Recent inquiries from the folks at iMediaEthics have me thinking about greater transparency into how The Fourth Estate operates. We strive to be effective at advocating for robust, independent and effective journalism – and we can best do that when our members and other interested parties fully understand our organization.
The state of the Fourth Estate: As of this date, the Fourth Estate has growing revenues and positive cash flow from variety of revenue sources. Since the Fourth Estate’s founding in 2010 as a crazy idea coming out of Journalism That Matters, Create or Die – and In a scenario that would be familiar to any veteran of lean start-ups — we entered the market with a baseline product (or MVP) and we’re trying to quickly build out the offerings along several lines,. We also have pivoted a couple times along the way — and will probably do so again. Does that mean continuing to grow the membership base? Yes. But it also means developing meaningful and diverse service offerings for news businesses, journalism-related nonprofits and other advocates of robust, independent journalism.
How we’re structured: Fourth Estate is a Public Benefit Corporation, a designation that means that we are a for-profit entity with a concrete public benefit purpose that comes first in our charter purposes. More simply: We put our mission before profits.
Why aren’t we a nonprofit? Because we believe the future of journalism, and our work in support of that future, should leverage all the tools in the toolkit – including markets. We’re trying to build something valuable to journalists and the journalism ecosystem; in return, our members will own much of that created value. (More on that below.)
We are structured like a new generation cooperative.
So if The Fourth Estate isn’t a nonprofit, who owns it? Who funds it? It took just one investor – me – to plant the seed and get the organization under way.
The voting, or common stock, shareholders are the equity members of the Fourth Estate — a group that, at this time, consists only of myself holding one single share of common stock. Additionally, non-voting, or preferred stock, is held by Dresden Capital Fund and myself. We’re looking at ways for Fourth Estate members to acquire and benefit from equity as part of their membership, and expect to announce these when it makes sense, maybe in 2018.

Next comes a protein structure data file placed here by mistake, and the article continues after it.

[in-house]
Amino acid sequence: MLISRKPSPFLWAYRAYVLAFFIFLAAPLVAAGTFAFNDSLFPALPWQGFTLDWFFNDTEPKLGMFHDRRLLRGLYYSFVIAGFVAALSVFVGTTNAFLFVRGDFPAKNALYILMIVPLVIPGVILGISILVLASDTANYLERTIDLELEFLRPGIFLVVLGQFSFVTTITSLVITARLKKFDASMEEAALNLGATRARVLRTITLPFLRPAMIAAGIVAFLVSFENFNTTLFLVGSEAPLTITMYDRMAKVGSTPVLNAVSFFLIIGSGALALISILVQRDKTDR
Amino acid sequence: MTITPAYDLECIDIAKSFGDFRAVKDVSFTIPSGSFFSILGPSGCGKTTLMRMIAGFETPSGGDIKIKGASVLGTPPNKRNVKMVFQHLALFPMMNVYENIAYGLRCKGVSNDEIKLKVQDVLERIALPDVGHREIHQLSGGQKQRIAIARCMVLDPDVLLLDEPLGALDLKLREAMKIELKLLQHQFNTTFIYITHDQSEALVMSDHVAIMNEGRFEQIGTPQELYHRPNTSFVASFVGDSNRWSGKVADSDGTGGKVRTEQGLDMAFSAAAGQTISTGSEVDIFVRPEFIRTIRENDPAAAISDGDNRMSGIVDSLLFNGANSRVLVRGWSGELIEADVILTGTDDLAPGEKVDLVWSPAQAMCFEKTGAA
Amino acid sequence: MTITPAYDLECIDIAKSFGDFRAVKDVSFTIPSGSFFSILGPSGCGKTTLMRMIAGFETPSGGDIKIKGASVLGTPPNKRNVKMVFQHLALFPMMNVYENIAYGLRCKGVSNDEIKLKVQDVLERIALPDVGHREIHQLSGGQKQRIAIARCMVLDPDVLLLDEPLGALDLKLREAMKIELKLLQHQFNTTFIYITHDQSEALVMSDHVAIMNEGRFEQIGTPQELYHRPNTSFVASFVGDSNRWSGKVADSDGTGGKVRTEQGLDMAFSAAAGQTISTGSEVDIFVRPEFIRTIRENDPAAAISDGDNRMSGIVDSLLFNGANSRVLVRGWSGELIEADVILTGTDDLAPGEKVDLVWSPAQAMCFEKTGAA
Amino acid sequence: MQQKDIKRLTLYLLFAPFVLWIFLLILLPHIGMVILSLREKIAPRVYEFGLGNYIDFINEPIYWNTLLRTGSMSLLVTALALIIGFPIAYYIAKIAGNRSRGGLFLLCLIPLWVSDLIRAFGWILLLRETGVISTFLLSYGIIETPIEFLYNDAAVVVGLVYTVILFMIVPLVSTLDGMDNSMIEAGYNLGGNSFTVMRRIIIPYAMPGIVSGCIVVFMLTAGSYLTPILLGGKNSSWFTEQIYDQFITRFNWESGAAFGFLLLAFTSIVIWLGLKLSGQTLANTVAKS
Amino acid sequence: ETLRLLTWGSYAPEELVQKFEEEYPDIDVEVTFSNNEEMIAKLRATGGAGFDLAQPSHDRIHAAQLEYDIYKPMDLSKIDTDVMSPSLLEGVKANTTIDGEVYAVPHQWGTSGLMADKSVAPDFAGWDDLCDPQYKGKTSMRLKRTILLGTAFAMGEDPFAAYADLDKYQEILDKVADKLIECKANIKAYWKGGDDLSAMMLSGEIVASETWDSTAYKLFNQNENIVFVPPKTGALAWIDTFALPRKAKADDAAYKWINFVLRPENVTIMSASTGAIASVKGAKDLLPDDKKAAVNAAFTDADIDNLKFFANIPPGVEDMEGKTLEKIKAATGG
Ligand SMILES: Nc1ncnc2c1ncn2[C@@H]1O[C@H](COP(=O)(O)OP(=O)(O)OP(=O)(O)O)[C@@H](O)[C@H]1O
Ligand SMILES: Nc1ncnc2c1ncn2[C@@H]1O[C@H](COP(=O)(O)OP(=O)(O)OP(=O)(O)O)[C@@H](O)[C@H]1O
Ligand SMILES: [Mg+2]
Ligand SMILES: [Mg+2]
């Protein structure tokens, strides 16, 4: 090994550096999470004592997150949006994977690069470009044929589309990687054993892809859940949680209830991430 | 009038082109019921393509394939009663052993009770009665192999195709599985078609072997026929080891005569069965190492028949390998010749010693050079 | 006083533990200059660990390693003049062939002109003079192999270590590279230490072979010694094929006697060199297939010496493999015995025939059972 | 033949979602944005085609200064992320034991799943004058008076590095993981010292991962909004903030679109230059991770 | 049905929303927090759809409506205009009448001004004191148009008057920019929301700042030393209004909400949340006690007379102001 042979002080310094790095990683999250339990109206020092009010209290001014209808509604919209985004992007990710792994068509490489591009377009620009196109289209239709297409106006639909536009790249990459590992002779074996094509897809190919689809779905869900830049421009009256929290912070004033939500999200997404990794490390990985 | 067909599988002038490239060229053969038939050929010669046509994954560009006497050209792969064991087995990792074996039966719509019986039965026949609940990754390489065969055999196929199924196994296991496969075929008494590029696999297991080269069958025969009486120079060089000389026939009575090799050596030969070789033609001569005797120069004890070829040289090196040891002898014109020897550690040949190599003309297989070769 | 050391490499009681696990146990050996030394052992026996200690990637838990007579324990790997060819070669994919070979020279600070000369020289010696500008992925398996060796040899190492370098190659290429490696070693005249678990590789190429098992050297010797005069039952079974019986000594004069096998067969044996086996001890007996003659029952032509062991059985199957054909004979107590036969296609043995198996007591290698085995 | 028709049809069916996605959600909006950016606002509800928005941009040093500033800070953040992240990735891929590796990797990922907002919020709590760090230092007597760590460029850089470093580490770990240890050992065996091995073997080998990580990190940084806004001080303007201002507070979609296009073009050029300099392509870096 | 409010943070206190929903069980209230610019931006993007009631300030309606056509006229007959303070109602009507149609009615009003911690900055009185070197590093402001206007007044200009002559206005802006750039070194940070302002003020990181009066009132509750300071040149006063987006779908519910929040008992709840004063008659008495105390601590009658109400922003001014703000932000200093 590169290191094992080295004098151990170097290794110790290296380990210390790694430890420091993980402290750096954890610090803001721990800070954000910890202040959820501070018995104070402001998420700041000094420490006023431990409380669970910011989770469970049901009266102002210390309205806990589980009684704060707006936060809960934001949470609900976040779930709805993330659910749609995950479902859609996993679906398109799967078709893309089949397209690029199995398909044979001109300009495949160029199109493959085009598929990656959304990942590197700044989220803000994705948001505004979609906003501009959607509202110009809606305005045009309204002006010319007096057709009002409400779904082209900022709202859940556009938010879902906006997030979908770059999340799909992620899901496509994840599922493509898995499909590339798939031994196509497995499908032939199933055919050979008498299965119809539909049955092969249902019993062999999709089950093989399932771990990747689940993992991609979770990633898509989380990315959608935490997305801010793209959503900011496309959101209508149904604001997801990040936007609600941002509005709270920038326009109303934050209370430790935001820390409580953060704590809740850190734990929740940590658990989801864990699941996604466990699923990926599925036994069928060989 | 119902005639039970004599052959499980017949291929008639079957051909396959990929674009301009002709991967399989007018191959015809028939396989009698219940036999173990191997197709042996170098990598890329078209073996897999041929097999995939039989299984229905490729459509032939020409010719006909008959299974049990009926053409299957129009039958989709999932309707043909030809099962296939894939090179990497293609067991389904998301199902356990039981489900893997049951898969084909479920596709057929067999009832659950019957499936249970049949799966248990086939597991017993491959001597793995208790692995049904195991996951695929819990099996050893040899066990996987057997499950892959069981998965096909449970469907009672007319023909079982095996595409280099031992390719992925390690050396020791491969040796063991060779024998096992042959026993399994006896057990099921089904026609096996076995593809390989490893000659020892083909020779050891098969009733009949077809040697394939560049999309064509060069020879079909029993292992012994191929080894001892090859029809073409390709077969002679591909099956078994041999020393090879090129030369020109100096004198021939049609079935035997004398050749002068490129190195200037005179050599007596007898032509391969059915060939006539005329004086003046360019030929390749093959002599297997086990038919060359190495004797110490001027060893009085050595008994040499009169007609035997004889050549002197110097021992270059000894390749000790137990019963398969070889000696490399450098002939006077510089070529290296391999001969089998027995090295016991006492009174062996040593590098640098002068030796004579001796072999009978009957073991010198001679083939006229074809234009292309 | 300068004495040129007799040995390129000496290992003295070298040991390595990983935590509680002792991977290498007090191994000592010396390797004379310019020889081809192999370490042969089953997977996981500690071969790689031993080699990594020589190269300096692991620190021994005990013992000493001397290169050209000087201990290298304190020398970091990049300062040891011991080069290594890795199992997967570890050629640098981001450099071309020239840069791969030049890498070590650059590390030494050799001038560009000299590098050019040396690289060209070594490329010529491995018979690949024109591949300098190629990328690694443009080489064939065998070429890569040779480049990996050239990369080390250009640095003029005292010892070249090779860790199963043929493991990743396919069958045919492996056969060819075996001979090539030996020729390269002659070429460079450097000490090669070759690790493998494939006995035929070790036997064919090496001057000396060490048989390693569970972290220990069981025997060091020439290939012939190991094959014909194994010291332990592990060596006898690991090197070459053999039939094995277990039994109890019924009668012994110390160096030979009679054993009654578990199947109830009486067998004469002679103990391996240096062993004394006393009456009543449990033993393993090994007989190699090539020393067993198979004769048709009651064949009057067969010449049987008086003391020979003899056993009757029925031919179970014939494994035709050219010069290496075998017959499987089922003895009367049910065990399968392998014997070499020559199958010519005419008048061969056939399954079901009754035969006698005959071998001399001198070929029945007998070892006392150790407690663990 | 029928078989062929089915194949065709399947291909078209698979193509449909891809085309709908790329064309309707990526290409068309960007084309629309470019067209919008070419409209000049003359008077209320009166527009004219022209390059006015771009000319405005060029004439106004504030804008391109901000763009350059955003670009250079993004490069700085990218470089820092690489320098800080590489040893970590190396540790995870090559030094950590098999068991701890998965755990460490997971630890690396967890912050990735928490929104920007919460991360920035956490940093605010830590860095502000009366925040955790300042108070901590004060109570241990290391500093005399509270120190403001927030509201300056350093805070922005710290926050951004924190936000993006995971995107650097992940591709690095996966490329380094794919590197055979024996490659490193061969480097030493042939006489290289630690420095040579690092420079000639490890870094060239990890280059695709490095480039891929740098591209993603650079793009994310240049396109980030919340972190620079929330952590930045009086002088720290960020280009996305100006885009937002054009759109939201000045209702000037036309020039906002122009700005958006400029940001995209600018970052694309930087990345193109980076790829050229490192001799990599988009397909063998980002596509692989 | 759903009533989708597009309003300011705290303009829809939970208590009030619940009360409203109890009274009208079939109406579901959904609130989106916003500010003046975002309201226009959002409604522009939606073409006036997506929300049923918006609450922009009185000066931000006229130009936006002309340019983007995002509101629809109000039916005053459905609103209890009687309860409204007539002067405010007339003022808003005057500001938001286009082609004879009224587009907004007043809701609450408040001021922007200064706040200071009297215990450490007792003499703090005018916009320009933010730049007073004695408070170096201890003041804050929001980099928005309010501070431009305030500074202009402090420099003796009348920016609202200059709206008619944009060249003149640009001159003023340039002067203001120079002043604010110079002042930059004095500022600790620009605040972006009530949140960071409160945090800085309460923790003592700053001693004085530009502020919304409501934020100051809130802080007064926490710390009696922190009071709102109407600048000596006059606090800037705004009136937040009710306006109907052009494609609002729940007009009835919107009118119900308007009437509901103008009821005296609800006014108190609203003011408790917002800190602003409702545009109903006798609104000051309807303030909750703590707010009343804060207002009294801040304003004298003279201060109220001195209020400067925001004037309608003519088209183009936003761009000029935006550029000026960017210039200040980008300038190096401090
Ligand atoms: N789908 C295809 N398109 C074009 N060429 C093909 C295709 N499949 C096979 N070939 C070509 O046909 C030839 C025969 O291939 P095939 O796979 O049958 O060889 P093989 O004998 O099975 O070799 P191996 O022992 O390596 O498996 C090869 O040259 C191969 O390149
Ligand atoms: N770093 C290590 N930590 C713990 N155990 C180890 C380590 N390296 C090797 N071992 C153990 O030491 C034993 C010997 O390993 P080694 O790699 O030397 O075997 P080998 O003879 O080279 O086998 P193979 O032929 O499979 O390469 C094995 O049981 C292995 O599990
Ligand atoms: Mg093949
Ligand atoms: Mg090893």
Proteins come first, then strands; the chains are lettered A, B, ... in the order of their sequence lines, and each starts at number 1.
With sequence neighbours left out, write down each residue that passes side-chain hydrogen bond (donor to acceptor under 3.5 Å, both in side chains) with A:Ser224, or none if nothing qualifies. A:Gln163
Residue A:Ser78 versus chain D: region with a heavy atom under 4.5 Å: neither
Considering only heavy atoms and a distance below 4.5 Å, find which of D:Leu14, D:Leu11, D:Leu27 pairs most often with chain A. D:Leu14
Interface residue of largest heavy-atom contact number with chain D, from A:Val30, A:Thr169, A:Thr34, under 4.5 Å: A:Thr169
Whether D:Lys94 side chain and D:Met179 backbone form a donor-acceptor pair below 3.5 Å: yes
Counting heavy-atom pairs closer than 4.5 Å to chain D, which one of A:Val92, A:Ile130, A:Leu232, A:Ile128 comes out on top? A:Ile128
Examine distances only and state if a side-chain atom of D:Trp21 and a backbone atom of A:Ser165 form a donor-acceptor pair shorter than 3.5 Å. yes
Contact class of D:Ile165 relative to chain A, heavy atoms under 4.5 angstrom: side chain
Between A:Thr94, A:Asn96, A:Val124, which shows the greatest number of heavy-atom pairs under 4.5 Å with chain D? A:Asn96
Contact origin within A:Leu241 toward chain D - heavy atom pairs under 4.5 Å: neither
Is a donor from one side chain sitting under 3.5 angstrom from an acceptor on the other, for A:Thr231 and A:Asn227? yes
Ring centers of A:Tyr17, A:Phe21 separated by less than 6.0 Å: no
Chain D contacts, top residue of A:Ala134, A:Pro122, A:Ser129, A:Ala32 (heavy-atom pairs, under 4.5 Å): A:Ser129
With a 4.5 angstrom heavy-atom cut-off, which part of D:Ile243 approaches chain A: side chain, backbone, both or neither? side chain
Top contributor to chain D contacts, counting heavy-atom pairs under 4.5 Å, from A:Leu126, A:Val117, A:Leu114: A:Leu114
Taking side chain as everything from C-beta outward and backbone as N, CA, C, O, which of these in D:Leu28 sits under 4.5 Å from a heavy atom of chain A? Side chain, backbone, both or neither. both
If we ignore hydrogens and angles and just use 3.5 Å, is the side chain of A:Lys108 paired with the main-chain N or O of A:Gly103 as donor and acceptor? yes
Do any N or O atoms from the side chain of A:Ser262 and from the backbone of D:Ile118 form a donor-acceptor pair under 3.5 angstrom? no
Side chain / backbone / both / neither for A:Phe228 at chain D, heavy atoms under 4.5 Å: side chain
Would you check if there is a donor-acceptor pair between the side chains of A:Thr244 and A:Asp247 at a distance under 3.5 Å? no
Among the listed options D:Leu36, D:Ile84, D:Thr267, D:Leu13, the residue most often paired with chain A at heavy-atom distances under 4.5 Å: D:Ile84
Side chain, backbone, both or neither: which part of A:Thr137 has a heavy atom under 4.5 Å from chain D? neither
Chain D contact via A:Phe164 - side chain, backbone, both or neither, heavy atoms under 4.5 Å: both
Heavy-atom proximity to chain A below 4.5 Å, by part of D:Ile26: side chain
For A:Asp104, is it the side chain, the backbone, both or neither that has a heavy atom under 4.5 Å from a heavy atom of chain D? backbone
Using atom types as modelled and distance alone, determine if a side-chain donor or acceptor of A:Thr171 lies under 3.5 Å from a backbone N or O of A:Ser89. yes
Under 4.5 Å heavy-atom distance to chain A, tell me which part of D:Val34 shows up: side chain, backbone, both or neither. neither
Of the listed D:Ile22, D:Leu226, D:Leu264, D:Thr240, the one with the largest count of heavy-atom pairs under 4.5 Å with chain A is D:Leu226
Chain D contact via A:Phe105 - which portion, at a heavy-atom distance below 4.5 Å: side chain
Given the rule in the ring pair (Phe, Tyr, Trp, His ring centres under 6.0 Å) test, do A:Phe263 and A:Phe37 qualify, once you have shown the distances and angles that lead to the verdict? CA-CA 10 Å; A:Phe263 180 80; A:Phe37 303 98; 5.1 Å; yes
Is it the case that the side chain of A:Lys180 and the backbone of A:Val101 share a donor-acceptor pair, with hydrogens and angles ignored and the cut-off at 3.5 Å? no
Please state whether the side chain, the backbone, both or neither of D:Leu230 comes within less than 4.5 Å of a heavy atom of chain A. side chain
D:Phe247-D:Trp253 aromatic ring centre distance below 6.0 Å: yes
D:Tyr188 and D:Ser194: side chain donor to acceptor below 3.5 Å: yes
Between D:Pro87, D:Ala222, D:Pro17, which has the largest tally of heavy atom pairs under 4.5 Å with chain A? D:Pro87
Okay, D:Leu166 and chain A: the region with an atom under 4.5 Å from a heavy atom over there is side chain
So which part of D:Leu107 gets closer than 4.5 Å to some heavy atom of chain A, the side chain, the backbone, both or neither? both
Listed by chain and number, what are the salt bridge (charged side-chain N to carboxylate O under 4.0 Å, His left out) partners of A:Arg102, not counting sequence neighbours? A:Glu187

Do we offer grants, scholarships or awards? Yes. We’ve given out six Awesome Journalism Awards – $1,000 no-strings micro grants – and have started funds and planning for other annual awards as well. Many of these are on the website but have never been awarded because they’re new, we haven’t completed developing the application forms yet, or both. We also have funding goals for most of the awards and, on a case by case basis, may be waiting to achieve baseline funding for them before issuing a call for entries.
We have also started planning for more formal journalism scholarship and investigative journalism fund and I’ve personally contributed all of the funding to seed these projects. Any additional funds in the projects will come from revenue; we’ve considered crowdfunding for some specific project funds but that’s not something we’re actively pursuing at this time.
What else has the Fourth Estate done lately? Our JournSpark initiative provides qualifying journalism organizations and news related startups with no-cost hosting services, technical support, and mentorship. Websites all around the world are taking advantage of this valuable program.
We’ve also provided free startup mentoring, assistance and guidance to dozens of would-be media and journalism startups and paid for two startup founders to participate in an incubator. Our angel investor group has also provided $25,000 in seed funds to two seed-stage journalism entrepreneurs.
We are also actively litigating a case likely on its way to the US Supreme Court. This case seeks to clarify an important issue for news organizations over when copyright enforceability becomes effective and when copyright owners can legally enforce their intellectual property rights. A very important issue for smaller news publishers.
In many ways, we’re also a tech company and have provided dozens of hours of software development time to a variety of open source software initiatives.
We wish we could do more right now, but this is a start.